To all who come to this happy place: Welcome. Disneyland is your land. Here age relives fond memories of the past, and here youth may savor the challenge and promise of the future. Disneyland is dedicated to the ideals, the dreams, and the hard facts that have created America; with the hope that it will be a source of joy and inspiration to all the world.
A man should never neglect his family for business.
All the adversity I've had in my life, all my troubles and obstacles, have strengthened me... You may not realize it when it happens, but a kick in the teeth may be the best thing in the world for you.
Disneyland is a work of love. We didn't go into Disneyland just with the idea of making money.
Animation can explain whatever the mind of man can conceive. This facility makes it the most versatile and explicit means of communication yet devised for quick mass appreciation.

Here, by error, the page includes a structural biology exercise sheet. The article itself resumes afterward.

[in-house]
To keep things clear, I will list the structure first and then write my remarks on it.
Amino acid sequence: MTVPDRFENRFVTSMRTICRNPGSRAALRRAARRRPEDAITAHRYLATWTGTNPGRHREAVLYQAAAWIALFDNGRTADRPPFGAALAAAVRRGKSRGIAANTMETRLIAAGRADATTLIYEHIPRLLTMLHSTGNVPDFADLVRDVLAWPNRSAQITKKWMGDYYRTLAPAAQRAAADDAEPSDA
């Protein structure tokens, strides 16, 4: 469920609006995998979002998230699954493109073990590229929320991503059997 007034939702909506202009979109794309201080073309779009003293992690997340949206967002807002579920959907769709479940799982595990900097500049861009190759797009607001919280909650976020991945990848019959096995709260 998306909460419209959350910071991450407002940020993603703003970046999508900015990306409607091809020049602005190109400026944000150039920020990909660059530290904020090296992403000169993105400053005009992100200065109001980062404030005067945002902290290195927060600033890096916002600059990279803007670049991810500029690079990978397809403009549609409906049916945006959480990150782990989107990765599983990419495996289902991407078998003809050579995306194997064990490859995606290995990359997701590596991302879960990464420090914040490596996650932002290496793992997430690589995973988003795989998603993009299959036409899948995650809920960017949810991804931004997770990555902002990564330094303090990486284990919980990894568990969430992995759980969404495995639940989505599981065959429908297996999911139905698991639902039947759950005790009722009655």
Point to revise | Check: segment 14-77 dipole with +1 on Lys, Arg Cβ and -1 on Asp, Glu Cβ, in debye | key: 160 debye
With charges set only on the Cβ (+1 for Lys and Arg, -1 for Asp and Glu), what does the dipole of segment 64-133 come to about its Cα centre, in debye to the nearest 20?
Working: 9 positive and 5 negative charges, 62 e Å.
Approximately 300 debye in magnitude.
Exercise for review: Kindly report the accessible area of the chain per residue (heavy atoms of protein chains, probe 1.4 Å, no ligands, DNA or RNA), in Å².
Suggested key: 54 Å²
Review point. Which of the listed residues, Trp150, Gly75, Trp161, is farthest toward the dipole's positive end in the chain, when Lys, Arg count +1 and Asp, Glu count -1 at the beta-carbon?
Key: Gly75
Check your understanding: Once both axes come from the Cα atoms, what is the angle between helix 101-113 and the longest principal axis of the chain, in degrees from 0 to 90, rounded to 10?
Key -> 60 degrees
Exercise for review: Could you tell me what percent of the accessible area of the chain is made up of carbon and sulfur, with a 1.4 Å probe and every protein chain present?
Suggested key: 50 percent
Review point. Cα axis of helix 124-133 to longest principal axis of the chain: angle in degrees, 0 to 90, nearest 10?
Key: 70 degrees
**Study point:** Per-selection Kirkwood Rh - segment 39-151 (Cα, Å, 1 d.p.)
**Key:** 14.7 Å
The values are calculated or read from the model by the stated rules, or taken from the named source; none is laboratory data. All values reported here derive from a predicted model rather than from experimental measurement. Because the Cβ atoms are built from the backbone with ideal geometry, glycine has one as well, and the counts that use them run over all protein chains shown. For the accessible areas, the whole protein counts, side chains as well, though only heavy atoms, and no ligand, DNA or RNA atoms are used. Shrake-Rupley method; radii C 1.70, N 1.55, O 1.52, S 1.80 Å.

Laughter is America's most important export.
I believe in being an innovator.
I could never convince the financiers that Disneyland was feasible, because dreams offer too little collateral.
Animation offers a medium of story telling and visual entertainment which can bring pleasure and information to people of all ages everywhere in the world.
We allow no geniuses around our Studio.
For every laugh, there should be a tear.
I suppose my formula might be: dream, diversify and never miss an angle.
Here in Florida … we have something special we never enjoyed at Disneyland — the blessing of size. There's enough land here to hold all the ideas and plans we can possibly imagine.